Alongside digital marketing, AI is also thriving within the medical field. According to Global Market Insights, the global healthcare AI market will reach US$13 billion by 2025, with an average annual compound growth rate (CAGR) of 40.6 per cent from 2019 to 2025. Over the past six months, particularly during this pandemic, AI usage in improving the efficiency of medical consultation and disease screening is at an all-time high.
Taiwan has accumulated years of experience in the development of AI in healthcare. Since medical AI algorithms require a large amount of labeling data in order to train the model, as early as 2018 the Ministry of Science and Technology (MOST) co-worked with National Taiwan University, Taipei Veterans General Hospital, and Taipei Medical University to open the first pathology database for cross-institutional annotated medical images in Taiwan.
These kinds of developments not only help physicians accelerate medical image interpretation and improve the consistency and accuracy of diagnoses but also shorten the time for patients to seek medical treatment and reduce invasive examinations.
In the startup ecosystem, we also see a rise in the development of AI in healthcare startups. We see applications like developing AI technology for over a billion-pixel image analysis and high-performance computing (AI HPC) with AI Explore; medical imaging AI platform services with aetherAI; medical staff assistance to interpret Computer Tomography (CT) scans for cerebral hemorrhaging with Deep01; and during this epidemic, Heroic-Faith developed a smart respiratory monitoring system.
A friendly ecosystem for AI startups is gradually taking shape
As more AI startups plan on expanding to other markets, Taiwan is considered a hotbed in terms of startup accelerators, education, and research for AI founders to leverage the ecosystem. AppWorks Accelerator focuses on recruiting AI / IoT and Blockchain founders only since August 2018 and has so far recruited 89 of these startups, with 44 of them being AI and 16 of them being IoT.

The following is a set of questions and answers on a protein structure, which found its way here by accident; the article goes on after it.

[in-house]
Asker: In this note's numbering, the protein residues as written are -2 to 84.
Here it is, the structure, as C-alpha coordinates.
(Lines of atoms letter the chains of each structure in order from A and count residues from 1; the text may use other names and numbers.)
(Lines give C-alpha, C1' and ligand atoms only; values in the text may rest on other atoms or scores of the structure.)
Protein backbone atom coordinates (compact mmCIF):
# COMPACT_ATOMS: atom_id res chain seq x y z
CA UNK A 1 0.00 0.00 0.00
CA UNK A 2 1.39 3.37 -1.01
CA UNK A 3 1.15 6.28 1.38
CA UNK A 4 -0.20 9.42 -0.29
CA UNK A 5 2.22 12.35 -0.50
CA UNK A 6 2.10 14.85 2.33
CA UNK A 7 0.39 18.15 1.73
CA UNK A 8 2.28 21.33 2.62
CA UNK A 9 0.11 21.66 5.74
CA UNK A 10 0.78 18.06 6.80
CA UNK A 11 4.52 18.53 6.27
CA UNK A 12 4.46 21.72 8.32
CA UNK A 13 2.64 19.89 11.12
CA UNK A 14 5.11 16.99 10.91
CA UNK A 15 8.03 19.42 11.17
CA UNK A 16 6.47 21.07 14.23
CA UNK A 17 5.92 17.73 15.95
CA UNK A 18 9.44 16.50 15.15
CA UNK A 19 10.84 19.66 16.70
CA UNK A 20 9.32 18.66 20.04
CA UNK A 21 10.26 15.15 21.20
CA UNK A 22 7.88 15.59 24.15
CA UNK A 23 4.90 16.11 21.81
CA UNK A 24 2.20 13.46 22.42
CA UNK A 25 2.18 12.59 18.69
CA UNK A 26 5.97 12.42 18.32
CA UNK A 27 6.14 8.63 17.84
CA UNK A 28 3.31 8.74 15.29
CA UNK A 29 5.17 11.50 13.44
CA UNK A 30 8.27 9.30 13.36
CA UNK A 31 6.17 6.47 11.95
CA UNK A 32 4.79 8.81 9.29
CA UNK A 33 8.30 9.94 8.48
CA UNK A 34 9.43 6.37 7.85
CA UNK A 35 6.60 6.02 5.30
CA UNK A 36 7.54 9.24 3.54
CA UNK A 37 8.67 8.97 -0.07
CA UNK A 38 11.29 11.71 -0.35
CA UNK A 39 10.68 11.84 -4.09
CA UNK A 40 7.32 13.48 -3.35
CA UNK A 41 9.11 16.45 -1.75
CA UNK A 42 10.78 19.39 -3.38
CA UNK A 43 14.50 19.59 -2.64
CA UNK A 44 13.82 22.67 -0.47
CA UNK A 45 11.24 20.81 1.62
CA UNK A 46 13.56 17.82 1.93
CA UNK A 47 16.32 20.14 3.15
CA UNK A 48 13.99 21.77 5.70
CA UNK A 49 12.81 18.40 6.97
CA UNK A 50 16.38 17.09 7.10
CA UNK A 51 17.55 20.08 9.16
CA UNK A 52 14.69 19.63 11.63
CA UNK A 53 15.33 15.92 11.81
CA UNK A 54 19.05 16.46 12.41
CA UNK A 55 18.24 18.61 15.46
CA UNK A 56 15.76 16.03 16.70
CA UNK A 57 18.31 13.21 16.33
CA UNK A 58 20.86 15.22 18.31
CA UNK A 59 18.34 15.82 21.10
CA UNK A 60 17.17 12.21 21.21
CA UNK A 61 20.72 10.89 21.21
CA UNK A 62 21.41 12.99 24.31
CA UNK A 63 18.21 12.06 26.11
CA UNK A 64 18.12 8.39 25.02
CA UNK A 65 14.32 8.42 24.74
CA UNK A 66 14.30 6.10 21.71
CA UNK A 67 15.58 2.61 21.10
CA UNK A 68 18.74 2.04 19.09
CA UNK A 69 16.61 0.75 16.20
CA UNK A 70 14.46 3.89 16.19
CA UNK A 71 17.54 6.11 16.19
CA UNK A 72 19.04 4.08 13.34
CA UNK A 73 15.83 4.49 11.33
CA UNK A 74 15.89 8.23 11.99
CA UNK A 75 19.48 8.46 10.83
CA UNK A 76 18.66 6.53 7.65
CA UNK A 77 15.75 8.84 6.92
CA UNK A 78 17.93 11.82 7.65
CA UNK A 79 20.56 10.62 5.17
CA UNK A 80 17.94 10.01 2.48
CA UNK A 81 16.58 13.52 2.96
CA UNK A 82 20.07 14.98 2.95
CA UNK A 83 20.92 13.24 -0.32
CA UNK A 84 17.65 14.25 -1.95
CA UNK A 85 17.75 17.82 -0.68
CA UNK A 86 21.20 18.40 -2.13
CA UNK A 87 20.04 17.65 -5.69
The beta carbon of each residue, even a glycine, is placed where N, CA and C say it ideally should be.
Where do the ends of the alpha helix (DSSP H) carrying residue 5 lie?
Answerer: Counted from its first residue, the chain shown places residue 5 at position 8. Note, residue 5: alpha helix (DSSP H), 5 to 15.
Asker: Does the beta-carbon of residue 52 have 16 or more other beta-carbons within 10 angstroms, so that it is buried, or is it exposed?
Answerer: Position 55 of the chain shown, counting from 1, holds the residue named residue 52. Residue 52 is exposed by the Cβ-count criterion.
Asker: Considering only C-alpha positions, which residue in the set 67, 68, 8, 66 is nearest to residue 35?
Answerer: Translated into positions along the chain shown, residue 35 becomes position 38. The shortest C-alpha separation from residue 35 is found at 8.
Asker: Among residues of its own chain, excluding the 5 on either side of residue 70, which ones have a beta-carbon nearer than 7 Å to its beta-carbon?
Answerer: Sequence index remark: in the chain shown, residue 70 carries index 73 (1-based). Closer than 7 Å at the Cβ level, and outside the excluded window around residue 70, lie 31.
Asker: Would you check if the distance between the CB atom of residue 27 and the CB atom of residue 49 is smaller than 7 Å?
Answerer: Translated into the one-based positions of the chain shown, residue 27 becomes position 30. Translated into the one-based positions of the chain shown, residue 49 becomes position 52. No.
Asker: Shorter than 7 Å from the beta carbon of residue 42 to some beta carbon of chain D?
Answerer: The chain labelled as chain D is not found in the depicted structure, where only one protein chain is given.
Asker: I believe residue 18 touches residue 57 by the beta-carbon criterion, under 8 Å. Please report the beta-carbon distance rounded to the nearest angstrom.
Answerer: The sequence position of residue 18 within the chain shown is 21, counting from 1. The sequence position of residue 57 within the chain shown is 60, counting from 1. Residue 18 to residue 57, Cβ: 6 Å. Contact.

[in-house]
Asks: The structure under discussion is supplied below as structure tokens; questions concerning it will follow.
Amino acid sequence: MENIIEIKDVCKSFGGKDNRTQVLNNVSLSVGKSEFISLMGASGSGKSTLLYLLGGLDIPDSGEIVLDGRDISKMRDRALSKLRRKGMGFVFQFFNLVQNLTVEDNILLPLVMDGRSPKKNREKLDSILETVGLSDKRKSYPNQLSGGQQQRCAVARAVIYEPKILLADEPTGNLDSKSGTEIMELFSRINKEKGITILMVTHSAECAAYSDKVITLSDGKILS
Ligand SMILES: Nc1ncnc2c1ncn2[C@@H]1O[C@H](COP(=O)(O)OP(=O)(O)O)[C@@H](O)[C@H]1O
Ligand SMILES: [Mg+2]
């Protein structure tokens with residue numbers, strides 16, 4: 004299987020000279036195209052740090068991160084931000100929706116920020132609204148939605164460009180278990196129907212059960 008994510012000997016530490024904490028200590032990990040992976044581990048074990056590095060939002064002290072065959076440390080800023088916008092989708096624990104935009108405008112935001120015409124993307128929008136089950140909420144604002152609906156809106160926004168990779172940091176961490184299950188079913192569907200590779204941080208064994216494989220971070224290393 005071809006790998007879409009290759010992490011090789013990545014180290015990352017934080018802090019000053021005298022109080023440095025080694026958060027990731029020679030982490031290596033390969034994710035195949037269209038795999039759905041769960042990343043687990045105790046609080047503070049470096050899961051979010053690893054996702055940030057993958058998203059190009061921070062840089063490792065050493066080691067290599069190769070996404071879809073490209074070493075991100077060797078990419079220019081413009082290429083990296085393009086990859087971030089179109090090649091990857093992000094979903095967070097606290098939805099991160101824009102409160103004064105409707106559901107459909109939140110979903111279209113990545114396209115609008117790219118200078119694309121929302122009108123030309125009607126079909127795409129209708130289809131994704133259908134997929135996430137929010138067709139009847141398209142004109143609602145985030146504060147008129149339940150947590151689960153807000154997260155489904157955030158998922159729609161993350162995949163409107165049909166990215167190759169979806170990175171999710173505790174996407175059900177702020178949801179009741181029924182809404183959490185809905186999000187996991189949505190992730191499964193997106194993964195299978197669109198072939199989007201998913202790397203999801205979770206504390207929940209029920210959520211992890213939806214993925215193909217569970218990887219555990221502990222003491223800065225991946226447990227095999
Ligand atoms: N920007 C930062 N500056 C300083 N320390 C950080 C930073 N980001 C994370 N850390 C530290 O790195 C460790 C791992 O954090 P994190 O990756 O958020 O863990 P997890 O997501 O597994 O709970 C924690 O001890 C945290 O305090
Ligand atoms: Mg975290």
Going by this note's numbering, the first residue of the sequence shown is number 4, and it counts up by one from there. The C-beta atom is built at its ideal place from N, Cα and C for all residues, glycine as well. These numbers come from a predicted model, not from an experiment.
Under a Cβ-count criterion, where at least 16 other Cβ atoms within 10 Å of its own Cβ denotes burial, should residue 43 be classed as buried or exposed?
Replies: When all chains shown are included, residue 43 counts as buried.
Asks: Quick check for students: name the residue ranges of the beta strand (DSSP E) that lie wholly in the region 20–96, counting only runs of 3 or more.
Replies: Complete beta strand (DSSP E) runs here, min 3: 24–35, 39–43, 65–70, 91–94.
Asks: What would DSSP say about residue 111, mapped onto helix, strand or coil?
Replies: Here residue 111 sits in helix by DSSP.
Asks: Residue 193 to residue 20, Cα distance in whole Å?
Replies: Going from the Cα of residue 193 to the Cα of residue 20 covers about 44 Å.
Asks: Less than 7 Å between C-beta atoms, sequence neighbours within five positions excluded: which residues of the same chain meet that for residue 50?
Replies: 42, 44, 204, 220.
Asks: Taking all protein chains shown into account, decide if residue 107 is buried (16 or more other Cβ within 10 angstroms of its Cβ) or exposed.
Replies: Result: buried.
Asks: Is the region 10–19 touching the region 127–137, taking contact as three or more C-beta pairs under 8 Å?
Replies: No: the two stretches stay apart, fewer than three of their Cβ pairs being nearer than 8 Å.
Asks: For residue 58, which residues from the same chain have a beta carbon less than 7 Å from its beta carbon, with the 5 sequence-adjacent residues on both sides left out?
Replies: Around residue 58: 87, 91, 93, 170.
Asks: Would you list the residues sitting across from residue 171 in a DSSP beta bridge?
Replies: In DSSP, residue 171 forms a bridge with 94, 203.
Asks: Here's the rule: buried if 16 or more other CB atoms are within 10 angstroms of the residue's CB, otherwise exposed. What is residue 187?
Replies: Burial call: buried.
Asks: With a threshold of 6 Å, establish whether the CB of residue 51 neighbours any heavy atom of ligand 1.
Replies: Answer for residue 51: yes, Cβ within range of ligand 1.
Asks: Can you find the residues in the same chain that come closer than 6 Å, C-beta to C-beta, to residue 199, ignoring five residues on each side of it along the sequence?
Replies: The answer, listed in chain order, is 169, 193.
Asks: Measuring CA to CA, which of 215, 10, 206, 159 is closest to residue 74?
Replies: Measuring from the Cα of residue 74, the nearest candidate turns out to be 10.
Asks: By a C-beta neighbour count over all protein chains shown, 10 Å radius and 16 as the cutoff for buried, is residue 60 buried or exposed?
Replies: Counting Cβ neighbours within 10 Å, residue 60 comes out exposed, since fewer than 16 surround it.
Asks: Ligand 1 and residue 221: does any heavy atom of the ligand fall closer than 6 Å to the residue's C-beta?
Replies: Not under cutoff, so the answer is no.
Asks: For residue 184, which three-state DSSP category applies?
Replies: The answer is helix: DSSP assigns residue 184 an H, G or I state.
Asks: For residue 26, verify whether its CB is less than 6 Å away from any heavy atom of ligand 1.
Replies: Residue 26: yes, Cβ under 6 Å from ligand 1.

Together these startups are well-positioned to further accelerate Taiwan’s burgeoning AI ecosystem.
In addition to AppWorks, there are many other accelerators supporting the AI ecosystem in Taiwan. Microsoft for Startups, Sparklabs Taipei, Taiwan AI x Robotics Accelerator, and more are all community builders that recruit AI, startup teams.
Under this AI wave, other accelerators that aren’t focusing on AI have also found success in recruiting AI startups, such as TAcc+ and BE Accelerator.
In VC, investment in AI companies has also grown year-over-year, providing financial assistance to AI startups looking for growth or expansion opportunities. For example, AppWorks Funds is a VC focusing on the three themes of AI, Blockchain, and Southeast Asia. Other well-known VCs in Taiwan include ACE Capital, Cherubic Ventures, TransLink Capital, and more have also greatly invested in AI in the past two years.
In Taiwan’s thriving AI ecosystem, new AI developments can be seen in various well-known technology exhibitions and forums. At the annual COMPUTEX conference, there’s a new startup-themed exhibition called InnoVEX that has attracted many talented AI founders to sign up to build bridges with investors and enthusiasts from all over the world.
This year due to the pandemic, COMPUTEX was cancelled for 2020 and InnoVEX changed to #InnoVEXOnlineDemo. NVIDIA also held their famous AI conference NVIDIA GTC (GPU Technology Conference) in Taipei in 2018, providing opportunities for all stakeholders to meet and each other. GTC Taiwan 2020 is expected to be held this year in Taipei.
There are institutions in the field of AI education and research, respectively. They continue to inject talent and innovation to Taiwan’s AI development. There was a tragic loss for the community of Taiwan’s AI ecosystem as Sheng-Wei Chen passed away earlier this year.
He was the CEO of Taiwan AI Academy and founded the organization that has cultivated more than 6,000 talents for Taiwan in the span of two years. His contributions include progressing the mission of transforming industries with AI, making data science known as his north star, and growing AI talent. He and his work will forever be remembered by Taiwan’s AI growing community.